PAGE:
Are you a conservative who’s found yourself increasingly surrounded by liberals? Well, relocation to Collin County in the Red State of Texas may be just what you need to blow away your Blue State blues.
A company called Conservative Move says its aim is to help conservatives find the kind of lifestyle that suits them best. “Helping families move Right,” is the company’s slogan.
Founder Paul Chabot, 43, is a former Californian who recently told the Los Angeles Times that he and his family moved to McKinney, Texas, north of Dallas, after he became disheartened watching his native San Bernardino County become less and less conservative and more and more liberal.
“In California, it’s like the liberals can do no wrong,” Chabot told the newspaper. “No matter what we (conservatives) do, we’re beating our heads against the wall.”
After losing his bid to win California’s 31st Congressional District seat last November, Chabot and his wife, Brenda, decided that the Golden State no longer seemed to have room for anyone who was a “pro-life, pro-family, pro-faith conservative Republican.”
So far Chabot’s company hasn’t attracted any serious clients, but he has received more than 1,000 inquiries, the Times reported. Emails from frustrated California conservatives seem to echo Chabot’s own yearnings to live among more like-minded people.
“My boys’ minds have been taken over by the liberal teachings of the schools here,” a woman from Westlake Village, California, wrote to Chabot, according to the Times.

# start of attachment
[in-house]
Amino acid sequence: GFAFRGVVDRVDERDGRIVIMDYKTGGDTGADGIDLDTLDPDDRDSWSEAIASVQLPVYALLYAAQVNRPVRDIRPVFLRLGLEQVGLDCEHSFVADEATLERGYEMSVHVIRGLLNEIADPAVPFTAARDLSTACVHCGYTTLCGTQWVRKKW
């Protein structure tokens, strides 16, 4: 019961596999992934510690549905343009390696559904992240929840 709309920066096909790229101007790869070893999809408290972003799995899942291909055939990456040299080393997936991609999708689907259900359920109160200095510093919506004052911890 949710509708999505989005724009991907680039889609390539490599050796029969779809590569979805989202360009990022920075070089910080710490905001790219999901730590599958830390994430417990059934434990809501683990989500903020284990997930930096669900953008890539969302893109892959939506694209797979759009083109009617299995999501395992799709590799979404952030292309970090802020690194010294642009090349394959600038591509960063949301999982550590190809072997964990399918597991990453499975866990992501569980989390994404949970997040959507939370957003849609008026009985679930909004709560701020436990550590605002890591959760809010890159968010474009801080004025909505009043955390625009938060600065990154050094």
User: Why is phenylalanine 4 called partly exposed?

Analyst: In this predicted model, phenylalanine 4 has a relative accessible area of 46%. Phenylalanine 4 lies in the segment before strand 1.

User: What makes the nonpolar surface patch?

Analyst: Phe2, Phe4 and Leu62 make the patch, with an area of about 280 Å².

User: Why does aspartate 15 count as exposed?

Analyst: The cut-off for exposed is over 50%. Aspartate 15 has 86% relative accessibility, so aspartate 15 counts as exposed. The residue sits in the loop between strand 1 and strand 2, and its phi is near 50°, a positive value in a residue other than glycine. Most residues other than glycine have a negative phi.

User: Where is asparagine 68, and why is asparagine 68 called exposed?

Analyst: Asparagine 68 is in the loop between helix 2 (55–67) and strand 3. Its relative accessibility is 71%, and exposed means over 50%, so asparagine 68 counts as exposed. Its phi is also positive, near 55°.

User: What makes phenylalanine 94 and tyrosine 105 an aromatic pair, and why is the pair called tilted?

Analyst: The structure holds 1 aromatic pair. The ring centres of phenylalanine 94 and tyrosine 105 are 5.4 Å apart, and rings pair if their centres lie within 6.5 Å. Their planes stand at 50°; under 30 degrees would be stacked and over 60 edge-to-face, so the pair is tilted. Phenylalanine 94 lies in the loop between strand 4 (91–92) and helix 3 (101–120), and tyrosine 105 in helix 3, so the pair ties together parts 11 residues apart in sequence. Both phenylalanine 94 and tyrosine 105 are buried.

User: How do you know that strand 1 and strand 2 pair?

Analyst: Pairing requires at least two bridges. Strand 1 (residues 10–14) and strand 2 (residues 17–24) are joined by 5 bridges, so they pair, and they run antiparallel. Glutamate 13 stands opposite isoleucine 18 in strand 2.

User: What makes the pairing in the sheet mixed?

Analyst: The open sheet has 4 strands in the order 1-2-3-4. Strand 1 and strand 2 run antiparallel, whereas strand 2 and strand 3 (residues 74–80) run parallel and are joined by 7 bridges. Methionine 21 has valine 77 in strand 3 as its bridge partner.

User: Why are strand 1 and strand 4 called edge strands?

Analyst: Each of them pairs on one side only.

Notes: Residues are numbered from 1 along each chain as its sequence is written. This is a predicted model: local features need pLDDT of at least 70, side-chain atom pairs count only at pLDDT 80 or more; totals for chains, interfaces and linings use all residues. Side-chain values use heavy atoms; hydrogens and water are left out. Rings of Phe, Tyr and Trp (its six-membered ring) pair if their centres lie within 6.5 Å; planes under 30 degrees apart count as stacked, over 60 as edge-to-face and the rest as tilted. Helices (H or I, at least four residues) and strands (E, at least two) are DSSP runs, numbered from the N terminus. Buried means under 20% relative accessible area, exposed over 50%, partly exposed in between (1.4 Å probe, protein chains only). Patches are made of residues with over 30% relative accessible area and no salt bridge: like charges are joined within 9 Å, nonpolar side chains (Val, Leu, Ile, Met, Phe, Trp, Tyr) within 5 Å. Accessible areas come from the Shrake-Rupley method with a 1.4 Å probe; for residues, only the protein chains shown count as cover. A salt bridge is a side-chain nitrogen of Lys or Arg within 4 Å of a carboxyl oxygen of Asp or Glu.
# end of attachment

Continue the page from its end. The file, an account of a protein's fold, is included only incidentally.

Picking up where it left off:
“Conservative views here are silenced,” wrote another woman, from Perris, California.
But living in Collin County, Chabot told the Times, is “like living a dream.”
Instead of the graffiti and gangs of California, he’s now surrounded by new homes, malls and golf courses – and taxes are lower.
But the Times notes that a rise in corporate relocations to north Texas has also brought more Democrats to the area. And it says Donald Trump took only 56 percent of the vote in Collin County in 2016, compared with 65 percent for Mitt Romney in 2012.
“There may be a fair number of conservatives who come here and say, ‘I like this much better than California,” Mike Rawlins, chairman of the Collin County Democratic Party told the Times. “But that’s a drop in the bucket. Ten or 20 years from now, they’re going to find out they don’t like it as much as they do now.”